Film Review: NIGHTMARE ALLEY (2021)
NOTE: This review will contain some spoilers for the film. I’ll try to be light on specific details.
What does a storyteller do after they’ve made their masterpiece?
If I had to make a list of my primary creative influences, one of the first names on that list would have to be Guillermo Del Toro. The Mexican director/writer is among the greatest (if not the greatest) genre filmmakers working today. His powerful works of horror and dark fantasy are bursting with creativity, thrills, emotion and explorations of the best and worst that humanity has to offer. In Del Toro’s films, monsters and ghosts are rarely as frightening as the evil that lurks in the hearts of abusers and tyrants. And yet his stories are hardly ever cynical at their core: if anything, they marvel in the bravery and compassion that ordinary people are capable of when tested.
Del Toro has been a beloved filmmaker for about two decades now, but his fame reached new levels in late 2017/early 2018, when his fantasy romance film The Shape of Water hit theaters. That film racked up numerous accolades and awards, culminating in its unlikely triumph at the Oscars. It won Best Picture — the first fantasy film to do so since the last Lord of the Rings movie — and Del Toro won Best Director. It’s been frequently hailed as the director’s magnum opus, and even Del Toro himself is inclined to agree.
When you consider all that, it’s not surprising that Del Toro has kept to the sidelines for the past few years. After you’ve had the biggest critical success of your career, you probably need to step back and think about how you’re going to follow it up. Do you stick to territory that’s comfortable for you and your audience? Or do you push against your own boundaries and test the limits of your own talent?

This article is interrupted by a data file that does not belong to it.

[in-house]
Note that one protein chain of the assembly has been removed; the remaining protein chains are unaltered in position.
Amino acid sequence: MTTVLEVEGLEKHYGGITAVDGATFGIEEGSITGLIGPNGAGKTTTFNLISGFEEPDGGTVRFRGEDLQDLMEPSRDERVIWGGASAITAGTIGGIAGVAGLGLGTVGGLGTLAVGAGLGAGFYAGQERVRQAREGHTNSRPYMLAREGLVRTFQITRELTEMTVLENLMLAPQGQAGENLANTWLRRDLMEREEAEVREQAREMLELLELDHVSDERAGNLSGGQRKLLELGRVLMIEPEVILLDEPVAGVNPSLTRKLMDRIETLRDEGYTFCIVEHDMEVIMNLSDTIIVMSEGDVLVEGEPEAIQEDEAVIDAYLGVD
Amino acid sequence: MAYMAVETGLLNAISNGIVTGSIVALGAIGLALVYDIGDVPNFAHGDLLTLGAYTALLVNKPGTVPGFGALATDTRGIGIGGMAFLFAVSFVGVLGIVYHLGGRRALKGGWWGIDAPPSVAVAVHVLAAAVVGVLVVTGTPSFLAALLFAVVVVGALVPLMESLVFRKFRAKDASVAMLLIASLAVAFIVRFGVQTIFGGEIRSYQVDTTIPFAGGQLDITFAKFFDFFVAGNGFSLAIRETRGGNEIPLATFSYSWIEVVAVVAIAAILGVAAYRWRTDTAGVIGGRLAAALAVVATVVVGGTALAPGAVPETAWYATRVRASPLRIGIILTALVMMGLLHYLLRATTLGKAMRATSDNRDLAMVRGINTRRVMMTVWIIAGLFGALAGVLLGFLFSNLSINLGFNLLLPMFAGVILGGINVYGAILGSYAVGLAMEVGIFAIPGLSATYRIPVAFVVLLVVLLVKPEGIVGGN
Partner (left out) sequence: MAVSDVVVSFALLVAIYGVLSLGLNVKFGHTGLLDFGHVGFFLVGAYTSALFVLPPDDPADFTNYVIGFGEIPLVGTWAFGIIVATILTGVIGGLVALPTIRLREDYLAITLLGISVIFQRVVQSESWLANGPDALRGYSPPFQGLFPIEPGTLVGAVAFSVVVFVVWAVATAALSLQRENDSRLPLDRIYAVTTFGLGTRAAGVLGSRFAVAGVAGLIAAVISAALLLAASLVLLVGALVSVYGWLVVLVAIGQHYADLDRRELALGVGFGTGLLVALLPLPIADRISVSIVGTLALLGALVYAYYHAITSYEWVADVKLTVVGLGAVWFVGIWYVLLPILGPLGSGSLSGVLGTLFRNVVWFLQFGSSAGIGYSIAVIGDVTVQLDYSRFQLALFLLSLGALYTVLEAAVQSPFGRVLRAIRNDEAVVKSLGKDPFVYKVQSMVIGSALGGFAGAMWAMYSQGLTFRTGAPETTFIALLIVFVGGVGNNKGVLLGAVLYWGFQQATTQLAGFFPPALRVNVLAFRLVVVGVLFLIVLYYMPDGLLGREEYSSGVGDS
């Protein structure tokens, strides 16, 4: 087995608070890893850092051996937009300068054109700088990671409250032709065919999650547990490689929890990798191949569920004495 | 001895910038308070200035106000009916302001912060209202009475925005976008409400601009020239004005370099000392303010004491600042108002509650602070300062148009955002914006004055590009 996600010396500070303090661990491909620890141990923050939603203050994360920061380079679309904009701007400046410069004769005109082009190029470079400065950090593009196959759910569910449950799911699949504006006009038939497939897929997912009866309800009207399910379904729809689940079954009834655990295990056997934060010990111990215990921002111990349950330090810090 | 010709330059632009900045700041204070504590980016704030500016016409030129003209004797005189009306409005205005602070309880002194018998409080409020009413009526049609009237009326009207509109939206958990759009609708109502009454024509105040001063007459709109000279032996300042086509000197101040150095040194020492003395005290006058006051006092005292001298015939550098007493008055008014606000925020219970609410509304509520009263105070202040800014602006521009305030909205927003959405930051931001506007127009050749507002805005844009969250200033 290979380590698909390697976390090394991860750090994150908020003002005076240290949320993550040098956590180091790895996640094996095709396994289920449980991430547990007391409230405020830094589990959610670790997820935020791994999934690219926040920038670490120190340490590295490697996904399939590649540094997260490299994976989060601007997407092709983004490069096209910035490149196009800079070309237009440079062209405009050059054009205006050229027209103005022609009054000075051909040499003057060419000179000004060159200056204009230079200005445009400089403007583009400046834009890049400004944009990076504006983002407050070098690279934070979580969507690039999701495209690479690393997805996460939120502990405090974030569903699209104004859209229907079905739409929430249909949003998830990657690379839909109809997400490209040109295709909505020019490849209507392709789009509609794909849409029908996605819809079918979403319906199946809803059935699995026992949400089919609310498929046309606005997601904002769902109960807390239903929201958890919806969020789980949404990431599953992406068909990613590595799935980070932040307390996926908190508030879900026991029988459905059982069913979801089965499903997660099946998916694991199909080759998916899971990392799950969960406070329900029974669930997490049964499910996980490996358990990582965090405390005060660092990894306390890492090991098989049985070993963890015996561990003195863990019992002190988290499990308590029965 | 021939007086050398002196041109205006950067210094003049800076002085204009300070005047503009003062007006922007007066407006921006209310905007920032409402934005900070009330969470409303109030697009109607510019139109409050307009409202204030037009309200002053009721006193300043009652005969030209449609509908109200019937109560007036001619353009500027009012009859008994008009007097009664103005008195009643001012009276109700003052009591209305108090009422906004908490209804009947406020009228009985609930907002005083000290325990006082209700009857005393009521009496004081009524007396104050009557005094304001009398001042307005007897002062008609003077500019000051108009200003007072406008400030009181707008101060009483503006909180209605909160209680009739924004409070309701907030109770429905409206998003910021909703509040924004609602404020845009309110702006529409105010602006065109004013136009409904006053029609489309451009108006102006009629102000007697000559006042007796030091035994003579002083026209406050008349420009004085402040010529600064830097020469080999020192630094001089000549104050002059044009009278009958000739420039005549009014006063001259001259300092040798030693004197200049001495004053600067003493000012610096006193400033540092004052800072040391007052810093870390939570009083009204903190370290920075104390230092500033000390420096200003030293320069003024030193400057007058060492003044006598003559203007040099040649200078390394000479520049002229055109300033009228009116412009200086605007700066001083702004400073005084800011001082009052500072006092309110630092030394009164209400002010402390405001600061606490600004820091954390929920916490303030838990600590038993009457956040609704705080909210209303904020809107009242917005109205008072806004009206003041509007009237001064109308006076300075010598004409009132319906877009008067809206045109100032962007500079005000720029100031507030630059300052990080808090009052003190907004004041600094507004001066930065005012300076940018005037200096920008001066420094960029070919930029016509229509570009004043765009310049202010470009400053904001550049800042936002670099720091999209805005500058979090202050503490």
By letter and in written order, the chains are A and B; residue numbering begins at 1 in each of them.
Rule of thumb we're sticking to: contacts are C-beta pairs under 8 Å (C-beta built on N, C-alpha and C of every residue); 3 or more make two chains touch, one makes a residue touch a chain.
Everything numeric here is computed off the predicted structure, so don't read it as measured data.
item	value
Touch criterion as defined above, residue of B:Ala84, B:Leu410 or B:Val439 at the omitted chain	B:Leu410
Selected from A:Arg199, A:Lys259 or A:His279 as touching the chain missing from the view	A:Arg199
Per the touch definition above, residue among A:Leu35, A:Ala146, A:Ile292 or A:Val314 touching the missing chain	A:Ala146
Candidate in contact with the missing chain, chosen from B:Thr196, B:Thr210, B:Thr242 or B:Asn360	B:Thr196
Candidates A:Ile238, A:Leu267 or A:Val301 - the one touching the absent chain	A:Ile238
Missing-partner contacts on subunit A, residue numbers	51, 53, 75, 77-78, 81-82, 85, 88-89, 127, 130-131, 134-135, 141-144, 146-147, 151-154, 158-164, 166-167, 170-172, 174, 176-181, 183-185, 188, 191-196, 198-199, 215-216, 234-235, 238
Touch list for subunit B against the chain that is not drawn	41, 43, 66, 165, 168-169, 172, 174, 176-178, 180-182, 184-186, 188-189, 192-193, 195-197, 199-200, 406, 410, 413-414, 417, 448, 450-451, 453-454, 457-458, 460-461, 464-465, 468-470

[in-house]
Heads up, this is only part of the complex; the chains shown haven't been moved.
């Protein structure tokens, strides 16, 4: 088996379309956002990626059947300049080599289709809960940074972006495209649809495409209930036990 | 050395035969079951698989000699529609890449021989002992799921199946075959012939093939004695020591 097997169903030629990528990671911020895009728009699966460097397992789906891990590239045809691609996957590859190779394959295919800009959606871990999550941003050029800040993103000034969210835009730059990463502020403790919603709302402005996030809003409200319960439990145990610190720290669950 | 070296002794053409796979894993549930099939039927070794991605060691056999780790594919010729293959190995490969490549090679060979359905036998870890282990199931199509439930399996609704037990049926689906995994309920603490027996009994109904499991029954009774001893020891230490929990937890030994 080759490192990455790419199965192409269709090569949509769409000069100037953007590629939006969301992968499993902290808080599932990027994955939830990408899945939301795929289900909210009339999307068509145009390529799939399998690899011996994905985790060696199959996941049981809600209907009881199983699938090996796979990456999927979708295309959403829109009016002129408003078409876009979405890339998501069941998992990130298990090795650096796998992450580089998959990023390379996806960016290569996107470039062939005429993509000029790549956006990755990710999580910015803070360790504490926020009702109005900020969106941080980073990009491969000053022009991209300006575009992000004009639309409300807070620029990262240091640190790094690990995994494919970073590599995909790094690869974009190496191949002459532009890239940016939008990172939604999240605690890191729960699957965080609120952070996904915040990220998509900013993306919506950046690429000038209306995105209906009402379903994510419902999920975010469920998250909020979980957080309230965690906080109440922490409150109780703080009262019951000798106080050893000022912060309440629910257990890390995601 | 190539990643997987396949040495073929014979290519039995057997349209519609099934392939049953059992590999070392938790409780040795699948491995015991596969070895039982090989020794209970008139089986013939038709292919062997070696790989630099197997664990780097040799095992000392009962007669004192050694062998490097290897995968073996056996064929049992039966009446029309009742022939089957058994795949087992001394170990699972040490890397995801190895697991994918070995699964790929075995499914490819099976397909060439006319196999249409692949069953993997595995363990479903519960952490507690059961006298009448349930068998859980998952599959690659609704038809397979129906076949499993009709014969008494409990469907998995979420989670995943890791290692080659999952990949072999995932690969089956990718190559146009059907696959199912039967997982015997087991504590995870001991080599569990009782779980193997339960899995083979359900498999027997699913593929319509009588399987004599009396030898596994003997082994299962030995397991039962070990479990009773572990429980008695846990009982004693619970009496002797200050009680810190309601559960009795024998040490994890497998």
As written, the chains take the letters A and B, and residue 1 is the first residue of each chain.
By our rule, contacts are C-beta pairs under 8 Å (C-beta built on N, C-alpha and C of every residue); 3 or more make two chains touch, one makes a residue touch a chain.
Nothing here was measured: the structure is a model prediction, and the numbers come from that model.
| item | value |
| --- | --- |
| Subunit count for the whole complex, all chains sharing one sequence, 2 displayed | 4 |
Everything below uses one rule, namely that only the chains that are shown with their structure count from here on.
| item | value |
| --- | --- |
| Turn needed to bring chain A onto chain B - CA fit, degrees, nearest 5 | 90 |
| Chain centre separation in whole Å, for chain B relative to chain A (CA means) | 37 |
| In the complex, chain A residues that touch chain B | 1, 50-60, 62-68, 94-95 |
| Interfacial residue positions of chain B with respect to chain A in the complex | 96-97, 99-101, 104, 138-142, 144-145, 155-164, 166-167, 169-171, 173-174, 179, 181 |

In Del Toro’s case, he turned to a passion project that he’s had on the backburner for almost 30 years. And while the foundation of Nightmare Alley is not wholly unfamiliar to him, the final result is something unlike anything he’s made before.
The Plot: In 1939, a drifter named Stanton Carlisle (Bradley Cooper) rolls up to a Midwestern carnival and finds work as a laborer. But Stan is determined to do better for himself than that. He charms his way into the good graces of Madame Zeena (Toni Collette), the carnival’s phony psychic who does a mind-reading act with her husband. Once he’s learned/stolen all the knowledge he can from Zeena, Stan drops her in favor of the naive and kind-hearted Molly (Rooney Mara), who has her own act as an “electric girl.” Two years after hitting the road together, they’re performing the mind-reading act for elite New York crowds on a daily basis. But no amount of wealth and glory is enough for Stan, who soon hits on a new moneymaking scheme: scamming people who believe he can speak to the dead. With the help of a femme fatale psychologist named Lilith Ritter (Cate Blanchett), Stan goes to work on Ezra Grindle (Richard Jenkins), a filthy rich businessman seeking absolution for the death of his lover. If Stan can pull off a fake seance for Grindle, he’ll be set for life. But he might have made a fatal mistake in underestimating the manipulative Dr. Ritter…